Lately, there have been some Bollywood film makers who have created some sporting hits for the Indian audience. Most of these Bollywood movies depict the Indian interest and excellence in cricket, whereas, only a few depict other sports. The earliest Bollywood hit was possibly the 1992 movie ‘Jo Jeeta Wahi Sikandar’ starring Aamir Khan, which depicted the sport of cycling. The next hit ‘Lagaan’ of 2001 was also an Aamir Khan starrer that depicted the game of cricket. After a long gap, there came two more hits; ‘Chak De India’ of 2007 was a Shah Rukh Khan starrer and ‘Paan Singh Tomar’ of 2010 was an Irfan Khan starrer. The former was about hockey, whereas the latter about athletics. In the year 2013, arrived a much hyped movie called ‘Bhaag Milkha Bhaag’, with Farhan Akthar in the lead role. ‘Paan Singh Tomar’ and ‘Bhaag Milkha Bhaag’ are based on real life biographies, yet they are of totally different veins in terms of seriousness and realistic depiction; ‘Paan Singh Tomar’ substantially superseded in its message and its effective presentation than ‘Bhaag Milkha Bhaag’. Other less influencial Bollywood movies during the last few years include movies like Goal, Iqbal, Victory, Jannat, Patiala House, Kai Po Che, Stumped, Hip Hip Hurray, and Ehsaas among others. Most of these movies are centred on cricket than any other sport. But with movies like ‘Paan Singh Tomar’ and ‘Bhaag Milkha Bhaag’, the trend seems to be diverting towards sports other than cricket.

Sport of a College Competition to a Fight against Unfair Tax

The first proper sports hit of Bollywood was ‘Jo Jeeta Wahi Sikander’ which literally translated as whoever wins is the emperor (or Alexander). The story of this movie can be as inspirational today as it was then. The very release of this movie was a surprise at the first place because it wasn’t the stereotype Bollywood movie. It was a movie about sports and that too of cycling… a thorough sport and not a game. There can be some scope of luck in a game, but a sport is entirely dependent on the hard work and skills of the competitors. Such attitude of dedication and hard work are the striking features which the movie didn’t fail to show in its protagonist who finally won the cycle race against a villainous rival. The lesson was not just of triumph over college bullies, but also of real sporting spirit. In Bollywood’s sporting greats, this movie is surely a landmark for it doesn’t exalt a game like cricket, but it defines a real sport and a sportsman.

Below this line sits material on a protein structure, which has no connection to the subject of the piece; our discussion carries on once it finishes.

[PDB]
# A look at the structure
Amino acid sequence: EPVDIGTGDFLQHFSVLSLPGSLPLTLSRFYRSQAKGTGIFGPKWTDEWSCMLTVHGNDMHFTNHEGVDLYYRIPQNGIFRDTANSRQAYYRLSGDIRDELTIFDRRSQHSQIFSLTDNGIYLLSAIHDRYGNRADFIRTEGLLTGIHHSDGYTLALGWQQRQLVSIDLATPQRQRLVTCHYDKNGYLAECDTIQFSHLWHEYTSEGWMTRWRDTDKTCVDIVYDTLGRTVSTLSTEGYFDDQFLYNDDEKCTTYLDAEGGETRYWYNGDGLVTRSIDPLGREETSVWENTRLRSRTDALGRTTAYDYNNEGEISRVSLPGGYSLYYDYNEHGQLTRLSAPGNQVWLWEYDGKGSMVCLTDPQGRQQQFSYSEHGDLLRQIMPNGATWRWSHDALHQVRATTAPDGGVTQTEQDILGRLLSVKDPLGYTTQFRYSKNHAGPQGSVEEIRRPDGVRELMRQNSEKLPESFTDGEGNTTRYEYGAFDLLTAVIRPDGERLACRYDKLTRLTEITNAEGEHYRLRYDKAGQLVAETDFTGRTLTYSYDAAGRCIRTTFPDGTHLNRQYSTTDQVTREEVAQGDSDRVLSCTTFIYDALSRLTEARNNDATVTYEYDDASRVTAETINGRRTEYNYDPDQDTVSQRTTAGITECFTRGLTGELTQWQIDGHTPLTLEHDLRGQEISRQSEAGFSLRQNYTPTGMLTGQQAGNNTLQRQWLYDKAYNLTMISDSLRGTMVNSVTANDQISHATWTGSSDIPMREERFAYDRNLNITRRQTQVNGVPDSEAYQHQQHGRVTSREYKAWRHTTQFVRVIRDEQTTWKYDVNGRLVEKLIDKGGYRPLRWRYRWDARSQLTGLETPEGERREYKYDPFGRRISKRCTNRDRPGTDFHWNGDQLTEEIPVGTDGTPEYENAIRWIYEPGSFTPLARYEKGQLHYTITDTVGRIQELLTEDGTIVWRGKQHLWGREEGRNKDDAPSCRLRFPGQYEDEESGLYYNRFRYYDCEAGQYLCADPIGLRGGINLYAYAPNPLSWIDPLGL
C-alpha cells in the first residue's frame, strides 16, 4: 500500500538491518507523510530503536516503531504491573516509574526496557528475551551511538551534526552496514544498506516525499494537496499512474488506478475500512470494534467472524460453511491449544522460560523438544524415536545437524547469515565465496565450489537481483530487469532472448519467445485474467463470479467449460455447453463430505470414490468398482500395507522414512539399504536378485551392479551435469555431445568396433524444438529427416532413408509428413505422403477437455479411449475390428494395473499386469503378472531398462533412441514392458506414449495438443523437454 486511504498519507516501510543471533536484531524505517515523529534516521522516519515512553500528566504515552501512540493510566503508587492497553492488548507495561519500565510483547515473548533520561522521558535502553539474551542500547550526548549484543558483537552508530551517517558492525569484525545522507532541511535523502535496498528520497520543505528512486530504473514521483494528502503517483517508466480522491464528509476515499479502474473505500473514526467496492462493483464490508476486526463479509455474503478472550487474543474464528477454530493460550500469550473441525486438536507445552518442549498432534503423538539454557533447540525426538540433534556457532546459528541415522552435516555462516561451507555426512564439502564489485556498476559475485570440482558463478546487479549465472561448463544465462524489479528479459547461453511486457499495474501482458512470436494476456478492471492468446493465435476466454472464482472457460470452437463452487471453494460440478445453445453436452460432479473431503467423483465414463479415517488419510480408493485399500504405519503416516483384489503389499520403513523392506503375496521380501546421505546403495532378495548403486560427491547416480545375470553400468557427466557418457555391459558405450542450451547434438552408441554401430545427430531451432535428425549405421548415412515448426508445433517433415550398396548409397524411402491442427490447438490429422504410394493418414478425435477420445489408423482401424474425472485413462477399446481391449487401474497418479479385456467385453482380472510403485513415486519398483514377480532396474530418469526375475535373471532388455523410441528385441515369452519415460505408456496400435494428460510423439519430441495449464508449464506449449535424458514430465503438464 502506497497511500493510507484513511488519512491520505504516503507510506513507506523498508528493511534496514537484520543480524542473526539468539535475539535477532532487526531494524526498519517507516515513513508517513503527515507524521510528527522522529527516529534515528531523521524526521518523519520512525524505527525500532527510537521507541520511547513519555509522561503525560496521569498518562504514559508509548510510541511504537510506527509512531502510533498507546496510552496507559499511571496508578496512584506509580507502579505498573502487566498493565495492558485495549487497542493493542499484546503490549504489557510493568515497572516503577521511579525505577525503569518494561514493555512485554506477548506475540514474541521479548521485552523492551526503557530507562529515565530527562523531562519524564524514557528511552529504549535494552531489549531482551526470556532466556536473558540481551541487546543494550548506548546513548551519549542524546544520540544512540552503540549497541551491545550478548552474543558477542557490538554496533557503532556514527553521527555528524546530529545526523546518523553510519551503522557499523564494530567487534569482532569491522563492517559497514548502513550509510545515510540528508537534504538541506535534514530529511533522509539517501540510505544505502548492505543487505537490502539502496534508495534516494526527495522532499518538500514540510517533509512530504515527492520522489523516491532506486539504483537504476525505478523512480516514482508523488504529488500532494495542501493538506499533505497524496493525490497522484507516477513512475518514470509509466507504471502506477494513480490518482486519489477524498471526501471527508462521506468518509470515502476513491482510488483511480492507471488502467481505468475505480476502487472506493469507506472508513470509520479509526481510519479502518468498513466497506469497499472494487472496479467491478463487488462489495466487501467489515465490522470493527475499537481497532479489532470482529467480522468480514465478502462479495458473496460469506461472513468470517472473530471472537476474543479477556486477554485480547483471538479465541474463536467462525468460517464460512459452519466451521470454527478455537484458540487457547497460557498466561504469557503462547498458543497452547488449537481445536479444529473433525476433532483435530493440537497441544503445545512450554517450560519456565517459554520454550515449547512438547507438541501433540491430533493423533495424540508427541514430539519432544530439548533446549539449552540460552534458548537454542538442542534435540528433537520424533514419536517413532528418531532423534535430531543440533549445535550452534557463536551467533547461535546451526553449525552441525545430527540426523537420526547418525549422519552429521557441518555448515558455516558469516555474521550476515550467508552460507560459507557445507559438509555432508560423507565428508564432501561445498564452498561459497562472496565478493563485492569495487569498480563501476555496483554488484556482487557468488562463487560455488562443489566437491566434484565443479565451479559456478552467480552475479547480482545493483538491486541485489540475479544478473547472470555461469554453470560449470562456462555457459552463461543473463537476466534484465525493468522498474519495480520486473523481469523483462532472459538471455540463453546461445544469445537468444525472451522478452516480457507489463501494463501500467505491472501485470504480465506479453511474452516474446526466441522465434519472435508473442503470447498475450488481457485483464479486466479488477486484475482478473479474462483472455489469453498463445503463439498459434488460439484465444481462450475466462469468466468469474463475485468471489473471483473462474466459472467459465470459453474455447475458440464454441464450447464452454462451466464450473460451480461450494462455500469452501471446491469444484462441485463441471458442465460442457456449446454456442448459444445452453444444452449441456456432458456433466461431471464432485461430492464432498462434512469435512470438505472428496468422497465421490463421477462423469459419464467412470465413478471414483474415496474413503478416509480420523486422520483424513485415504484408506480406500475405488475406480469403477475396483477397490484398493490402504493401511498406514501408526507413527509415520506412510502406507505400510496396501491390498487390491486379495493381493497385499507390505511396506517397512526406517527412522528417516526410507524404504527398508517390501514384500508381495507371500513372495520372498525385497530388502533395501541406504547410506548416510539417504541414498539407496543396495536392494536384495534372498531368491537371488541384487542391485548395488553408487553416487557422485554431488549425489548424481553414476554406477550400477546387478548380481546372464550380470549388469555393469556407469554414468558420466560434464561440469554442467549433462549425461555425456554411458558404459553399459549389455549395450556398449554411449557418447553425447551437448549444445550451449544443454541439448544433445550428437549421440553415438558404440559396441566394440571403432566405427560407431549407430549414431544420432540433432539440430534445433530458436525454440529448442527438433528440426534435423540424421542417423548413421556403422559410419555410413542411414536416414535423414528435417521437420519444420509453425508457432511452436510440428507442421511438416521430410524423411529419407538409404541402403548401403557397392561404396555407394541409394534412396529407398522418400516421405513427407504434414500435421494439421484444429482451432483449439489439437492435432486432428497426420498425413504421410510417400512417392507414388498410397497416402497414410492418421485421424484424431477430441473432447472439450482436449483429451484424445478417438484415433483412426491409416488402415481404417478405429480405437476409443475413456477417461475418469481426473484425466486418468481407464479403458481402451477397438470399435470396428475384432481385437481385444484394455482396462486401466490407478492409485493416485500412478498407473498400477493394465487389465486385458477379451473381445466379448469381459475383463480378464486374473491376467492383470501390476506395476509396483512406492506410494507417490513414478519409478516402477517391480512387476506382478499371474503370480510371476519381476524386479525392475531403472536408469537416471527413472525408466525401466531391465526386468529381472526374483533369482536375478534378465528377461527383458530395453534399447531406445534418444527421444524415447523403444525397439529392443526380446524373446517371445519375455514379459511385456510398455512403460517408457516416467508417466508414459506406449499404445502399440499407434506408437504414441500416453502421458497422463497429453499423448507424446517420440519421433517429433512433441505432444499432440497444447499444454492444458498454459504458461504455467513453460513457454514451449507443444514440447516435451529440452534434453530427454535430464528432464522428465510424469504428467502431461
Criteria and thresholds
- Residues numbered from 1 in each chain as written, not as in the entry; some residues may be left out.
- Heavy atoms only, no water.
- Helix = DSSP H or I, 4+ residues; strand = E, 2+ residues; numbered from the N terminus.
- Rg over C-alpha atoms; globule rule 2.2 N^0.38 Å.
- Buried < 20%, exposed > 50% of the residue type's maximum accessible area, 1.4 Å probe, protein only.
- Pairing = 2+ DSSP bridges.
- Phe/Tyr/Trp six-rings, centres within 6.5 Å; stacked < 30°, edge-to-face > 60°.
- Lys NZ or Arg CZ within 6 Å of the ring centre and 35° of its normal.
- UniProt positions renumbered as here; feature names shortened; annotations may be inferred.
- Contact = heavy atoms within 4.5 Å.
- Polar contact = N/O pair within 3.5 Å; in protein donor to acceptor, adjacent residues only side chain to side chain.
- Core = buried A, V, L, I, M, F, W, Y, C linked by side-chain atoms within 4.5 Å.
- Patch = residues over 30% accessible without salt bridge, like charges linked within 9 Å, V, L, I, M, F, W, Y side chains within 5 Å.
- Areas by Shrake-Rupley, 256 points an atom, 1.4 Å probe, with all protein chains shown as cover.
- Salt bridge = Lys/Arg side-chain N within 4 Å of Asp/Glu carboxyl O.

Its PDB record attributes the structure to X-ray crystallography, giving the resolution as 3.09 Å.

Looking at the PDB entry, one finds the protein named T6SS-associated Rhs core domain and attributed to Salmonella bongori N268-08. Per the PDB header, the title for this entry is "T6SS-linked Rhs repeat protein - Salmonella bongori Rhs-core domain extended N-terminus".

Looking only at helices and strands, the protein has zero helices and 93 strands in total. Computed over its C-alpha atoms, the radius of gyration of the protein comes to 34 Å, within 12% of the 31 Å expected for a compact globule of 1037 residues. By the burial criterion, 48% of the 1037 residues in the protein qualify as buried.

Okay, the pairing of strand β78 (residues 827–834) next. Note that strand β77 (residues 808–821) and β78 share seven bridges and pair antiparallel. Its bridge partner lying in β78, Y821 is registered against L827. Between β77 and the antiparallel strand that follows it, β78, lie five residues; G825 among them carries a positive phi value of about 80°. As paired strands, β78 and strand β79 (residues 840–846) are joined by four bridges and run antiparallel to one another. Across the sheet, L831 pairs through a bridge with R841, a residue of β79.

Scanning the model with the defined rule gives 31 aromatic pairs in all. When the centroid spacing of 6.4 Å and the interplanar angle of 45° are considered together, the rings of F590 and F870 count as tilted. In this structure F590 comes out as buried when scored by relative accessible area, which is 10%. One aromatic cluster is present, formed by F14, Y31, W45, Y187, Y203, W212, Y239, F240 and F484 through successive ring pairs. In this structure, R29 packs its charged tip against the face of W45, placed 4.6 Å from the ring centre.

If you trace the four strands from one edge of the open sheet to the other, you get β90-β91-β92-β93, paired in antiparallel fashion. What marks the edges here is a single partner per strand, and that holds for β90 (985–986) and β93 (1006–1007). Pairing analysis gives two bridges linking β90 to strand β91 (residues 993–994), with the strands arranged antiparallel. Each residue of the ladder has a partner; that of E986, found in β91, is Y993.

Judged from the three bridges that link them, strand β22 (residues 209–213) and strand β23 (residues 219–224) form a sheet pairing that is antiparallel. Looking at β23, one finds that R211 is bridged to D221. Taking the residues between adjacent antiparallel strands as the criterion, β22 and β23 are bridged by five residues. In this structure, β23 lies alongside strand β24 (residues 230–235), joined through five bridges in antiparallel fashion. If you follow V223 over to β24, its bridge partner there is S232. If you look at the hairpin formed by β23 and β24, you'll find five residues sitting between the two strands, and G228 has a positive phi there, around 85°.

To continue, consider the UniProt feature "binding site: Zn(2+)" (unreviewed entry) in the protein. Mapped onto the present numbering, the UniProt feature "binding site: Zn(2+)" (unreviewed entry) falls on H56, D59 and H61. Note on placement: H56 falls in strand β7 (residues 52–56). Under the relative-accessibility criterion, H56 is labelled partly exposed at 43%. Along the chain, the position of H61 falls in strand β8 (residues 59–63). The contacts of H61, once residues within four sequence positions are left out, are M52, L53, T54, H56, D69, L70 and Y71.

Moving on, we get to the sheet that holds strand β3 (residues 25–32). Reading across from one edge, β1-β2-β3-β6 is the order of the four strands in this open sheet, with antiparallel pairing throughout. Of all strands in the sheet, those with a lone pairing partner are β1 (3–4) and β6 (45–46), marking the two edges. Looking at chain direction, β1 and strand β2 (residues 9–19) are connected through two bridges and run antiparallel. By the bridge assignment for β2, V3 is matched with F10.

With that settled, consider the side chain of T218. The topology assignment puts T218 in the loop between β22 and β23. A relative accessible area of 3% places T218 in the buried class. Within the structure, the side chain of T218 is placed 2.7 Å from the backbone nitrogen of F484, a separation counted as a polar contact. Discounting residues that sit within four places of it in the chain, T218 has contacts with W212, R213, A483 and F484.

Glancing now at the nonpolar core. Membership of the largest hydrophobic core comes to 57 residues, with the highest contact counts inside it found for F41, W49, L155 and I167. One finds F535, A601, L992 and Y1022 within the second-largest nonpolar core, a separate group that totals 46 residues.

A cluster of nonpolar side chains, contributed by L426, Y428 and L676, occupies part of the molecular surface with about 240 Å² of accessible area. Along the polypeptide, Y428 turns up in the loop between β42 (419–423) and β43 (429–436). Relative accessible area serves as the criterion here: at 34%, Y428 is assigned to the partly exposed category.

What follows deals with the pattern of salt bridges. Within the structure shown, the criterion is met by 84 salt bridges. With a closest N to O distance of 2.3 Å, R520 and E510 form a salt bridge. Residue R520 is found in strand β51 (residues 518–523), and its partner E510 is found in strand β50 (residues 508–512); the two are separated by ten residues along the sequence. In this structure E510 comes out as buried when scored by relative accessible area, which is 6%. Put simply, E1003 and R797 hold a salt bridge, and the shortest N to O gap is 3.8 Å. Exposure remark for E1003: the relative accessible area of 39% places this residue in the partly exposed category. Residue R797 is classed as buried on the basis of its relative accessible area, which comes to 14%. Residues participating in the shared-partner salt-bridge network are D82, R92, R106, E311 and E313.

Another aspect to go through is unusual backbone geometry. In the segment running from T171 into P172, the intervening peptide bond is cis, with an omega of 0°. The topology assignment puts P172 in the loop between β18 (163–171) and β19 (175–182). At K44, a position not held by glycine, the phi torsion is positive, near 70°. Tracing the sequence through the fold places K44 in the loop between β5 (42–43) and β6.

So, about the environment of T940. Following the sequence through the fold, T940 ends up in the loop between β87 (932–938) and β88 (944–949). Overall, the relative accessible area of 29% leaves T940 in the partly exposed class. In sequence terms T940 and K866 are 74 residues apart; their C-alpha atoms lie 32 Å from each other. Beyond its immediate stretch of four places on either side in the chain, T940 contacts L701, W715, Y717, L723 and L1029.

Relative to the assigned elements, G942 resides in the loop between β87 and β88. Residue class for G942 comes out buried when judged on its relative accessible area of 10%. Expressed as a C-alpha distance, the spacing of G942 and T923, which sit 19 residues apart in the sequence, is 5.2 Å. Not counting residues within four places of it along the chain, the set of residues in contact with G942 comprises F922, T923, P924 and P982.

With some romance accompanied by a few songs and dance, college life depicted in this film didn’t seem inappropriate at all. A college love affair is very natural and most of the movies with such neat college romances often become classics. Other than the sport of cycling, the exhilarating songs of sober romance did push this movie into the class of Forest Gump in the Indian context. Forest Gump was a blend of love, war, sport and comedy. Likewise, ‘Jo Jeeta Wahi Sikander’ has become a fine blend of love, competition, sport and inspiration. As a hit movie, neither was there any exaggeration about the college life of students nor was there any miraculous gimmick. All events unfolded in a more or less rational manner, with a final rise in the end justifying the title… the one who wins is really the emperor.

Aamir Khan was the hero of this movie and the title of emperor associates not to his name but to his dedication portrayed in the movie in winning the cycle race. The joy of winning any race or competition is that which one would realise only after winning and pondering on the dedication that was put in. Today, this has become a lesson for the Indian desire for sporting excellence. Indubitably, this movie is the inspiration towards that lesson which would live for as long as the movie is watched.